This is a much more me-specific post than my usual, although I’m going to try to broaden it up at the end. Even so, if any of you who are here for writer chat or ethics posts aren’t as interested in this sort of thing, feel free to skip today’s ramblings.
I have been completing my post-MFA submissions very slowly. This is in part because my thesis wasn’t terribly long, so after a point I can only send out more work as I produce, rewrite, edit, and polish new material. Which is not a quick process. More than that, however, I’ve been approaching submissions more gradually intentionally. I’ve never much cared for simultaneous submissions — as an editor or a writer. For one thing, they don’t allow you to revisit the story as you get notes and comments from editors. For another, they put an emphasis on completing the submissions process as quickly as possible, which just isn’t my mentality now. Even though the internet has blasted open the market, there is still a very finite number of appropriate venues and I mean to take them on their own terms, one at a time, reading back issues and really considering which story works best for which magazine.
I know most writers disagree with me, and still that’s where I stand. I like taking my time.
This does mean that I’ve sent out only a grand total of twelve submissions since finishing my degree. But I am happy to report my care and patience has not been in vain.
Of the twelve, I’ve received eight final decisions. (Two have received news regarding semi-finalist and finalist status, but more on that in a minute.) Of the eight, six were rejections. But that’s a little bit deceiving, because of those six, three were very kind, very encouraging personal rejections from magazines I respect quite a bit. Of the remaining three, two rejections were from contests, which don’t usually offer personalized feedback. So, ultimately, I only found that one last form rejection to be at all discouraging.
Happily, I’ve also had two outright successes, the first being that I was a finalist for Indigo Ink’s Modern Grimmoire: Contemporary Fairy Tales, Fables & Folklore anthology! As a finalist, my story, “Night People, In Summer” will be published in the anthology in May 2013. I love the small press scene and I have been incredibly impressed by Indigo Ink’s professionalism and aesthetic. Moreover, they partially funded the project through Kickstarter — and if you follow my other blog, “The Girl Who Loved Zombies,” you know how I feel about kickstarters.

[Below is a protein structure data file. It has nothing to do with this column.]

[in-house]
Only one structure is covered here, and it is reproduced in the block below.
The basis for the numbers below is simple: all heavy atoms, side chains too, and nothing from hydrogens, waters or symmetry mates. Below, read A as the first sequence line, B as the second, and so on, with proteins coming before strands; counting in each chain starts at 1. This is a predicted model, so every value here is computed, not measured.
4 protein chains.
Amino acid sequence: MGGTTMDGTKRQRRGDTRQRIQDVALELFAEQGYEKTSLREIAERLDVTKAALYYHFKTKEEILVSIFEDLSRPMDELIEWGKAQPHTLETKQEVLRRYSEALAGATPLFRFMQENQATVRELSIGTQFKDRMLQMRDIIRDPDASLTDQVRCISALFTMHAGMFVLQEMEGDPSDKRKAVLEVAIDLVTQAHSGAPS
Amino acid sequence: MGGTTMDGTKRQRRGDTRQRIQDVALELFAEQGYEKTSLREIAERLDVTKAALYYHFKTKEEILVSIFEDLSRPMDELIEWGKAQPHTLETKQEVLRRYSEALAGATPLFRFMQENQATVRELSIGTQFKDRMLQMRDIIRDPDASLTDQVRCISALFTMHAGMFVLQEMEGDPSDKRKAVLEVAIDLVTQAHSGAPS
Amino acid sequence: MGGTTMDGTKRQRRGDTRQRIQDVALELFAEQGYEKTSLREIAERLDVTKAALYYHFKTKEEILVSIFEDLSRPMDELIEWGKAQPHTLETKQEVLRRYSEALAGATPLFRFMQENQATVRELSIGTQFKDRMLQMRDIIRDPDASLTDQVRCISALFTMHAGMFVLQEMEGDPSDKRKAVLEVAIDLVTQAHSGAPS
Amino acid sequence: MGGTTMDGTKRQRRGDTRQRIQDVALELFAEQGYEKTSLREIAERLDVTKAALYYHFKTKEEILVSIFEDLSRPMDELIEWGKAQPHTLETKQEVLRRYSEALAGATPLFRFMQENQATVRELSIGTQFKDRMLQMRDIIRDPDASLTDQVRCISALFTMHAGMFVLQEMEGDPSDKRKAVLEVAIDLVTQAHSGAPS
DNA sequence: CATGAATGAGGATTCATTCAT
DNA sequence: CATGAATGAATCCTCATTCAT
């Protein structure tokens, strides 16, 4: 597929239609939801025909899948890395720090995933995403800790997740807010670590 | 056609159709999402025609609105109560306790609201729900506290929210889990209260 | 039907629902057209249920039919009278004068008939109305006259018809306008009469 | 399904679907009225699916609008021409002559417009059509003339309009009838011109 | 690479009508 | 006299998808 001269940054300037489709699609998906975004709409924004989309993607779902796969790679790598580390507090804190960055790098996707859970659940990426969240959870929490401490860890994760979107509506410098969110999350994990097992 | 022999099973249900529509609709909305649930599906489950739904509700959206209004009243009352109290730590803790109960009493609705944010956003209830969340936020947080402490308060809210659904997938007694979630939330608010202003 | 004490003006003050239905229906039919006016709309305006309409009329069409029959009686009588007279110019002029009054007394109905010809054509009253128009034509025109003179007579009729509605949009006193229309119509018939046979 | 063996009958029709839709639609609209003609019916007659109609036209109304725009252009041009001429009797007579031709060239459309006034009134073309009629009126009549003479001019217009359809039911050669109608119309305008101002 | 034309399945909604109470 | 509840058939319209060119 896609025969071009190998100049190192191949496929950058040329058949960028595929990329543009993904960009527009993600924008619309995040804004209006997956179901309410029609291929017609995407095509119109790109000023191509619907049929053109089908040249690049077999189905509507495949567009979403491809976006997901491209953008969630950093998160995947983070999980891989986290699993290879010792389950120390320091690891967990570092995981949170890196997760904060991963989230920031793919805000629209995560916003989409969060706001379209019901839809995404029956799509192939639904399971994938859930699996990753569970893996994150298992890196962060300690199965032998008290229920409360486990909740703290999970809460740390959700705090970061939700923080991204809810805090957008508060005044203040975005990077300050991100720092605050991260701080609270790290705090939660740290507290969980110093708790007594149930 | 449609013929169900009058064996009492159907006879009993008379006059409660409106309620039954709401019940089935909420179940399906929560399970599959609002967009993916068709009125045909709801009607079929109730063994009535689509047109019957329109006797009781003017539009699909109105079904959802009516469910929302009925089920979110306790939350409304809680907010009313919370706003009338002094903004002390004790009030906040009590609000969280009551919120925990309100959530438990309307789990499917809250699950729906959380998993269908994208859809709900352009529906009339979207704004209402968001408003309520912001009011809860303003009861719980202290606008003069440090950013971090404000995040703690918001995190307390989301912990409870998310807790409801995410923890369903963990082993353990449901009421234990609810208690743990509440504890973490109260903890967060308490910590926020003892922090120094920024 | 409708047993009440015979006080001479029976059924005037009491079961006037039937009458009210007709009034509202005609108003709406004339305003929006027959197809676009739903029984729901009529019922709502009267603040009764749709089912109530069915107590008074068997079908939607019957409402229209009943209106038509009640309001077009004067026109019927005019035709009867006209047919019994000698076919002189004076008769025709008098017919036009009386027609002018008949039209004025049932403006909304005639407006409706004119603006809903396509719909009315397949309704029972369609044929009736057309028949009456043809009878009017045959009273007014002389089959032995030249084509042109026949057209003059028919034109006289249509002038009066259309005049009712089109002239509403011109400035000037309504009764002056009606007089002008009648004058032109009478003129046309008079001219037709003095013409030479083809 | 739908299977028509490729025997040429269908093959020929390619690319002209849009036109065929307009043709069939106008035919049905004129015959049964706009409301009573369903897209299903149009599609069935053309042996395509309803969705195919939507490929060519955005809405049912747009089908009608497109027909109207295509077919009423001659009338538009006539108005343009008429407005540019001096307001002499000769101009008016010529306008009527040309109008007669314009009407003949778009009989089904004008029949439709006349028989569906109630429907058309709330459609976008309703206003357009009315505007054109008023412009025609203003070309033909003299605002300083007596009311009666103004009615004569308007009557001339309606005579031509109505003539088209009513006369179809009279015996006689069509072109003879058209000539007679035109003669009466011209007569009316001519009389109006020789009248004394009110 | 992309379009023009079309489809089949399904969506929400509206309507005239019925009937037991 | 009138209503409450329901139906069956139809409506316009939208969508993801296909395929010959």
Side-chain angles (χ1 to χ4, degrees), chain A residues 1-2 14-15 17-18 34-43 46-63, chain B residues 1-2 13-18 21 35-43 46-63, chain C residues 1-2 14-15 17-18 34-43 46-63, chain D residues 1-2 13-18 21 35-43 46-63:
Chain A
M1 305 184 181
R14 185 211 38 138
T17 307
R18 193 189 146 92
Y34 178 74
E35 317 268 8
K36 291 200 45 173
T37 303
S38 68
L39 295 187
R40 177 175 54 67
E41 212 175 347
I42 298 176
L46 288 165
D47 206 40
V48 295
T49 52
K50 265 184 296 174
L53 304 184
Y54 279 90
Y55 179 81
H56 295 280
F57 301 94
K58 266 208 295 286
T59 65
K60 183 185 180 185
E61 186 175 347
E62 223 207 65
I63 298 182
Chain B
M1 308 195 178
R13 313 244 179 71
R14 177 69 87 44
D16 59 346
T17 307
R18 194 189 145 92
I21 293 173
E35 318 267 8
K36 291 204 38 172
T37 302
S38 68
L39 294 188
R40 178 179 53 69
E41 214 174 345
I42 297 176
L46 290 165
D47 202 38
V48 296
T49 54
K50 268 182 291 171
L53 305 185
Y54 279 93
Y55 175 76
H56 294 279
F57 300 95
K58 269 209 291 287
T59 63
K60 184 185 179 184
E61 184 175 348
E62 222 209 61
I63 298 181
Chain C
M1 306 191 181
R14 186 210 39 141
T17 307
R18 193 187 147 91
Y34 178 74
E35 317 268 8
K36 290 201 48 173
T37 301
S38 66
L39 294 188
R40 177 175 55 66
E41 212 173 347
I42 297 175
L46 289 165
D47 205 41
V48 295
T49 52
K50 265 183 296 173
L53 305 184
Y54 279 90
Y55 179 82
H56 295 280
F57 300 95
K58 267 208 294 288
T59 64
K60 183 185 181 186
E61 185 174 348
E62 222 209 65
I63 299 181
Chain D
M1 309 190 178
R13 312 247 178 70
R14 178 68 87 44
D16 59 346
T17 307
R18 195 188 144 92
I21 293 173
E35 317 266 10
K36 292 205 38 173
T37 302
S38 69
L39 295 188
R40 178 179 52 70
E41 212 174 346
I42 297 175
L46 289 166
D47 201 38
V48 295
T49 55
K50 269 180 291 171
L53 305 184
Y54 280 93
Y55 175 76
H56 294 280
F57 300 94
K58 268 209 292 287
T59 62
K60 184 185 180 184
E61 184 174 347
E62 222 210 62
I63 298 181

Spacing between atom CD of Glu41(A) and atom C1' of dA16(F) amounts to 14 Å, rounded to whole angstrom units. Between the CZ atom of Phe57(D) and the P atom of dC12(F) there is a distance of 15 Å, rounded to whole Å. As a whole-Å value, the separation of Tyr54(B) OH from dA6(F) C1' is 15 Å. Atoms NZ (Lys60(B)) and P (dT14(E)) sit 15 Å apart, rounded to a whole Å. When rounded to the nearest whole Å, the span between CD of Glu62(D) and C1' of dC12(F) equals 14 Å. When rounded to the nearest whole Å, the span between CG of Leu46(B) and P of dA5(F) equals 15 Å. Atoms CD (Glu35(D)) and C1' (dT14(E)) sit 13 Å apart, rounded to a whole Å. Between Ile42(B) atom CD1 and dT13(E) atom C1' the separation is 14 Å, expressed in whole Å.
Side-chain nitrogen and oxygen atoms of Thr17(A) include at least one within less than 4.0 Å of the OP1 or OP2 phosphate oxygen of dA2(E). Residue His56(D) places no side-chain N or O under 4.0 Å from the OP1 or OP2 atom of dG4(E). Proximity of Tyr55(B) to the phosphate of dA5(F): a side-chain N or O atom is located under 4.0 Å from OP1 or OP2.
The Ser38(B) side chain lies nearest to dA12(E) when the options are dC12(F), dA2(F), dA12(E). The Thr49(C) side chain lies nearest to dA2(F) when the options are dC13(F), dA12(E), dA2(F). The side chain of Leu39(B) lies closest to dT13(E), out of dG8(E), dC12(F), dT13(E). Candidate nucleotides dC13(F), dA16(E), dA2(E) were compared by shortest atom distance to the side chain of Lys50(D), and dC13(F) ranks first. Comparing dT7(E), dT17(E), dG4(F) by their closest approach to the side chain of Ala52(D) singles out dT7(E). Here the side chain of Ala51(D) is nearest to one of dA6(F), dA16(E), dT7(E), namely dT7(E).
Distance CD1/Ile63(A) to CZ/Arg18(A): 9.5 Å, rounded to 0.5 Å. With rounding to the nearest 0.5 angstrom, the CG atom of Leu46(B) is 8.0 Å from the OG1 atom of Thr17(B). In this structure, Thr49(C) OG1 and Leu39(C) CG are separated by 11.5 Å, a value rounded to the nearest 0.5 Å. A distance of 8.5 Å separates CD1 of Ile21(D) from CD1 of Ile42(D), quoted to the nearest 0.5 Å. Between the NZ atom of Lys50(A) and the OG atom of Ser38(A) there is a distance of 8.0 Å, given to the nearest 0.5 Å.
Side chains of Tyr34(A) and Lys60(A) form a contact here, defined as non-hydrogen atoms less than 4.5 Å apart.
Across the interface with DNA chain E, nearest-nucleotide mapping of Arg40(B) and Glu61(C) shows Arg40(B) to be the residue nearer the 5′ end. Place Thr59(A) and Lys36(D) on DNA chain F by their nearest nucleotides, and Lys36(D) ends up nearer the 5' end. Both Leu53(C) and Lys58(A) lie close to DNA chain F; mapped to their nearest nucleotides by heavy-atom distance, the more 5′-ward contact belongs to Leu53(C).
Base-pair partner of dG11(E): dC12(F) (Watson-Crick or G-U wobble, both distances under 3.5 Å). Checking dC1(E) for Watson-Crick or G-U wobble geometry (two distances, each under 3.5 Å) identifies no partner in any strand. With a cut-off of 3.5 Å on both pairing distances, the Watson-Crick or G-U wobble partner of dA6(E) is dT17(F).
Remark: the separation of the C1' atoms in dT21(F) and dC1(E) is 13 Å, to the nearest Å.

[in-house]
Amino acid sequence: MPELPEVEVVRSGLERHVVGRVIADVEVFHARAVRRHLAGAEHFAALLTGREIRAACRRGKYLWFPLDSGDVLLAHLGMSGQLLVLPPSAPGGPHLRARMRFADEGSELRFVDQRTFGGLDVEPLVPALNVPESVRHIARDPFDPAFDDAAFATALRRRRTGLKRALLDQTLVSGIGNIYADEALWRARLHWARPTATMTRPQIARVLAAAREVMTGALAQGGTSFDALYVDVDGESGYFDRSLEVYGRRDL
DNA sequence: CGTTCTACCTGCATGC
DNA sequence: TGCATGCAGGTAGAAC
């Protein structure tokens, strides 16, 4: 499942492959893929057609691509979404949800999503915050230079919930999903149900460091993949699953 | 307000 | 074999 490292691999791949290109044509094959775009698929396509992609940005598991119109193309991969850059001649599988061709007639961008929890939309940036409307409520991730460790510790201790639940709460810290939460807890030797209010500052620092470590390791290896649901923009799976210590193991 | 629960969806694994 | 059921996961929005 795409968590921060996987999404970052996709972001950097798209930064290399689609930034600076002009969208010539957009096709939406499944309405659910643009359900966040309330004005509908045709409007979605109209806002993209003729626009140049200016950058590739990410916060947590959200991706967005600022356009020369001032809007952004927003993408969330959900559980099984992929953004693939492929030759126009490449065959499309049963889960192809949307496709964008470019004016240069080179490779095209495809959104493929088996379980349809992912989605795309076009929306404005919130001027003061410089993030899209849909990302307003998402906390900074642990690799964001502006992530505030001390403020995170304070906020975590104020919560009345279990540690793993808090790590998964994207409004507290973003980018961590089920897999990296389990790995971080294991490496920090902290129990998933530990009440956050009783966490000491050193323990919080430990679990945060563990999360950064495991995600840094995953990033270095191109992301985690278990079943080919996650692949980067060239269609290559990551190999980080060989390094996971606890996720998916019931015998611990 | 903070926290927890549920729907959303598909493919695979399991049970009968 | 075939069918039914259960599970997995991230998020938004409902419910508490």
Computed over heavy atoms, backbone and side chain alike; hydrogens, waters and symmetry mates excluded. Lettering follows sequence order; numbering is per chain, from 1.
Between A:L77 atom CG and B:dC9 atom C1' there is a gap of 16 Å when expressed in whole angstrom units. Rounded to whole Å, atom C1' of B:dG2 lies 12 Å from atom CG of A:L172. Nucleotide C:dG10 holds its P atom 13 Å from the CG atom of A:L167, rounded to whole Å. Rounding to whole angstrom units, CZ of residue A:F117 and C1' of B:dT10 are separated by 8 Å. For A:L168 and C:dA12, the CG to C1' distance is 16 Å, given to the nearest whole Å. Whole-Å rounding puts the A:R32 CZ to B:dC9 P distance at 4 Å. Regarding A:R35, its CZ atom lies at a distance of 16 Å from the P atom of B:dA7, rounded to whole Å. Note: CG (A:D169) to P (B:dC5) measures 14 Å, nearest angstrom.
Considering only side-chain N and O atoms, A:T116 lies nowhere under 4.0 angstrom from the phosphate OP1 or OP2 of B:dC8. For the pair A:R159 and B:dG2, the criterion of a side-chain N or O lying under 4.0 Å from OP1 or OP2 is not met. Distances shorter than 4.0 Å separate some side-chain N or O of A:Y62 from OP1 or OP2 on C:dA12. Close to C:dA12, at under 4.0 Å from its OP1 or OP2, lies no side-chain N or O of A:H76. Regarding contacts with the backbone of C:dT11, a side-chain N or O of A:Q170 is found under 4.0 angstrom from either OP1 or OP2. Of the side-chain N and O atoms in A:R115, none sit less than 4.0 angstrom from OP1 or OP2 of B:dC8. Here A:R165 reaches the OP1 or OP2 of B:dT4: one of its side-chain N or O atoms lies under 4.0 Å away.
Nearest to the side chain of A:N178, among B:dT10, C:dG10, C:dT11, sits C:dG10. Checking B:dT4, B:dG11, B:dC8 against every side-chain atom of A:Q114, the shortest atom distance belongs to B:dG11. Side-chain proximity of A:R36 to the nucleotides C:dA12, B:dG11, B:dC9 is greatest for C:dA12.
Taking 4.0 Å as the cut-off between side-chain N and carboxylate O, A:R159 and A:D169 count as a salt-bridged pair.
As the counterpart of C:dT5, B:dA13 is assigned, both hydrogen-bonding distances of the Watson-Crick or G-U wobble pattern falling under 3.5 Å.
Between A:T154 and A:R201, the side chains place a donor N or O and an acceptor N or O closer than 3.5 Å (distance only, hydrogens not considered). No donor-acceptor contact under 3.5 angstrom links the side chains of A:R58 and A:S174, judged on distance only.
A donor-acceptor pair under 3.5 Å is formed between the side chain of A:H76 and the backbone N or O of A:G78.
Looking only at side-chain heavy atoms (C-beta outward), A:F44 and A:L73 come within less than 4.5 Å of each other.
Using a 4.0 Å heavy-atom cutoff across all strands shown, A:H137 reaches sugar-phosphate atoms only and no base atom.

Also, I recently received word that my story, “At Glenn Dale” snagged a third place ribbon (and a check!) in the Dr. Eugene Clark Library “Scare the Dickens Out of Us” ghost story contest. No publication, but it’s extra nifty because the contest itself is a fundraiser coordinated by the Friends of the Library. And libraries are awesome.
There is an especially nice symmetry to these successes — you see, these are stories from my MFA thesis and my undergraduate honors thesis respectively. And they both have the particular distinction of being the stories I read for my thesis presentations. In other words, I have fond memories of being terrified holding these two stories! And of the amount of work that went into both of them, before and after I submitted them to my committees. Moreover, “At Glenn Dale” was the writing sample that got me admitted to my MFA program. At this point, editing it feels like working with an old friend.
And while I don’t actively shop my undergraduate fiction anymore, it was especially gratifying for this story to get some recognition. It has a nice sense of closure to it.
I have some other news I’m not comfortable sharing on public forum. It involves a contest — one which is judged anonymously and which has reached the final stages. Consequently, it seems like poor form to mention it specifically by name when a decision has yet to be made. But when I can tell you all, rest assured that I will! I don’t do this to be coy, just to respect the process by which blind-reading must happen.
Of course, that raises the question of how one best shares exciting writerly news in general. Is it better just to spew it out on the twitterverse? In a blog? I admit, I always feel slightly uncomfortable telling people about my good fortune. It feels too self-congratulatory. Even this post is kind of giving me the heebee-jeebees. I hope I’ve tempered it somewhat by also discussing my failures.
How do you share your good news?